By Bhavanjot Kaur
“You need vitality for victory.”
-Yogi Bhajan 12/31/92
It was over ten years ago now, but I remember my aunt pulling up in the driveway. When she got out of the car and began to walk towards the house I noticed that she did not have a smile on her face and she did not have cookies to deliver in hand, which was very unusual. Something was not right.
As she walked through the door, I saw the devastation in her face and I knew something was horribly wrong. In just a few short moments, I learned that my beloved uncle had been murdered and his son, my cousin, was in critical care fighting for his life as he had been near beaten to death and pulled out of the burning house just in time. It was a day I won't soon forget.
It was only about a year later when I learned that my other aunt had taken her life. It would seem that the loss of her brother was too much to bear. I remember sitting outside of my workplace holding my sister’s hand as we both had our ears up to the phone as we were told the news. We both were shaking as tears fell from our eyes.
During this time in my life my vitality was low. I had no real sense of victory. I felt only the shock and stress. I did not know God. I had never experienced Guru Ram Das. I had no spiritual practice. I did not do yoga or meditate. I was a runner and that is exactly what I did. I would run literally and metaphorically. Some might say I was running from my problems. Others might suggest I was running to something better. Either way I ran until I no longer could.
A few years later I shattered my right leg, which landed me in an emergency surgery that left me with pins, screws and a titanium rod from the knee to the ankle implanted in my leg. I was in bed with unbearable pain. I was on valium and several pain killers and my leg was wrapped in ice almost twenty four hours a day. My leg completely atrophied and I could not walk without a walker or crutches. I had a second surgery that left me with debilitating nerve damage pain. There was nothing I could run from and nothing I could run to.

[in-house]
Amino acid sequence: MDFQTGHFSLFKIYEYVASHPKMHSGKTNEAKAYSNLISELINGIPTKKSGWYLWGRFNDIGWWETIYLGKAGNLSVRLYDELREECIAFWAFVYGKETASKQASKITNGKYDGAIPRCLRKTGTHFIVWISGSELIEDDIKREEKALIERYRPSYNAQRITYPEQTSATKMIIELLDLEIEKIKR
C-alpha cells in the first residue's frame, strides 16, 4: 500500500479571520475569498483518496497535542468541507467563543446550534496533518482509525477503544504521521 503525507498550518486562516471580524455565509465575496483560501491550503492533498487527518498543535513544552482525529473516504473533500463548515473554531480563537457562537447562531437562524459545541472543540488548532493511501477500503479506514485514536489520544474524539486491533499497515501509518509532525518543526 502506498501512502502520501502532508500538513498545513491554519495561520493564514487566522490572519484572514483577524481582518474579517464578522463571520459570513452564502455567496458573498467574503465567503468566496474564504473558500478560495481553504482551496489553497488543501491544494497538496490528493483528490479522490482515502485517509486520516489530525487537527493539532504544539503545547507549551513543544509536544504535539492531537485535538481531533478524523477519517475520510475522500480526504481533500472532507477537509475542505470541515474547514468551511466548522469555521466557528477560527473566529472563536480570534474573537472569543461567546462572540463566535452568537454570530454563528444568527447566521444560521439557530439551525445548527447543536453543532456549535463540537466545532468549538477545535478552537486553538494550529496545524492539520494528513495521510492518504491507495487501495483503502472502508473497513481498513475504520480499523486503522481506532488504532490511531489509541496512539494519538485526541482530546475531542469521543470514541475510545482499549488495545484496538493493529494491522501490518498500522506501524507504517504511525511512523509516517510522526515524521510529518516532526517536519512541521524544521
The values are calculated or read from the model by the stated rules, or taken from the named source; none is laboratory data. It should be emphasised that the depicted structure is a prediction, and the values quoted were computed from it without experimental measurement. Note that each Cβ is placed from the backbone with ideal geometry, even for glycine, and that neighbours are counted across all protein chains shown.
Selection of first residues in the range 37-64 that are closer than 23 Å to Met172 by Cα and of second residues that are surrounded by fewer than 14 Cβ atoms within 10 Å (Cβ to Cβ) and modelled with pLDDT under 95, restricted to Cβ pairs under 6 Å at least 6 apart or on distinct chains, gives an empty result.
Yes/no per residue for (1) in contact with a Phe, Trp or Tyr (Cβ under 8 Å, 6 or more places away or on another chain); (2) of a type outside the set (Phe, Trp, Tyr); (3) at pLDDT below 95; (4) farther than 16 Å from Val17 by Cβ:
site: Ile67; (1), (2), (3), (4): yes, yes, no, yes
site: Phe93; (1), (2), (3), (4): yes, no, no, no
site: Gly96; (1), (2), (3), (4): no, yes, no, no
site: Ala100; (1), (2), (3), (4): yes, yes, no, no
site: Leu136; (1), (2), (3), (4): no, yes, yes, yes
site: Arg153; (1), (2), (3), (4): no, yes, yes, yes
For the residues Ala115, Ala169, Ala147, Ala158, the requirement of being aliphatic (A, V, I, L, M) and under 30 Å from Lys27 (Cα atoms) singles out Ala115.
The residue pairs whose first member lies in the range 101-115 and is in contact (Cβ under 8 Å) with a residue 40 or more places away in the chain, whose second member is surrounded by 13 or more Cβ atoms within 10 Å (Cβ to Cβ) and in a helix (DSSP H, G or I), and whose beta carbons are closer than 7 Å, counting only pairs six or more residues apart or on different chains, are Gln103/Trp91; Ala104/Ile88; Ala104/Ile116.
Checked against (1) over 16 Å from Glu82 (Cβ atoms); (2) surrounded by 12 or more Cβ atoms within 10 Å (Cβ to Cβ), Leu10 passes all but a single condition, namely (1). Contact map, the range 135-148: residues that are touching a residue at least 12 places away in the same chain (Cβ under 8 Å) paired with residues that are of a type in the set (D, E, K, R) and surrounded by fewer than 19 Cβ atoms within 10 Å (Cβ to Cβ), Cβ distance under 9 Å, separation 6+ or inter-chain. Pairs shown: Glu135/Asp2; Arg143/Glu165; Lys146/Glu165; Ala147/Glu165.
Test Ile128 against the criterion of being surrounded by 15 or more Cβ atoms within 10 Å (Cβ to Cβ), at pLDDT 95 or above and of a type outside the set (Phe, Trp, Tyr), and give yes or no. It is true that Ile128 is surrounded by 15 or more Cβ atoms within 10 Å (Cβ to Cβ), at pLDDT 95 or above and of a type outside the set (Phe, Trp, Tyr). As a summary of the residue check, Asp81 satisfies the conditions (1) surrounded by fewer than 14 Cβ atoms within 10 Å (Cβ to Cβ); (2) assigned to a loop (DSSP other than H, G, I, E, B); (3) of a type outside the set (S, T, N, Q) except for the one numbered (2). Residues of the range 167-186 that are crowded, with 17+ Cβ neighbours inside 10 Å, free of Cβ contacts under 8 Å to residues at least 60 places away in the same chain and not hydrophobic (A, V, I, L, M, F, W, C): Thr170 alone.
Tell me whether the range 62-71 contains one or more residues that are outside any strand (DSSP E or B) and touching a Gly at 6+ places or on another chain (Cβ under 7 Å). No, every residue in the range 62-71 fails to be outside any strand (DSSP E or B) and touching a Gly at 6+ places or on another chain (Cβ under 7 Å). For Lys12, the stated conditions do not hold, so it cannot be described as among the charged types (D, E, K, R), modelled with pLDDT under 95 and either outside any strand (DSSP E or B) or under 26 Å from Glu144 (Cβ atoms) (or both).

What I will refer to as a series of mystical events occurred in a very short amount of time that essentially catapulted me onto a yoga mat for the first time—in a workshop at Kripalu taught by Snatam Kaur. I immediately knew after three days of doing Kundalini Yoga that I was supposed to be a teacher of this practice.
“First we create habits and then habits create us.”
-Yogi Bhajan 2/5/1992
In the middle of my level one Kundalini Yoga teacher training course, I hopped on a plane from Connecticut to Santa Monica to take the level 2 Stress & Vitality course. During these trainings, I learned how to expand and strengthen my aura with the Ego Eradicator. I learned how to balance my body and mind with Cat- Cow*. I learned how to clear my arc lines and release my frustration with Fists of Anger. I practiced the Meditation for Healing Addictions to work through addictive thought patterns and habits. I practiced the Meditation for Prosperity II to connect to source where there is an infinite flow of abundance.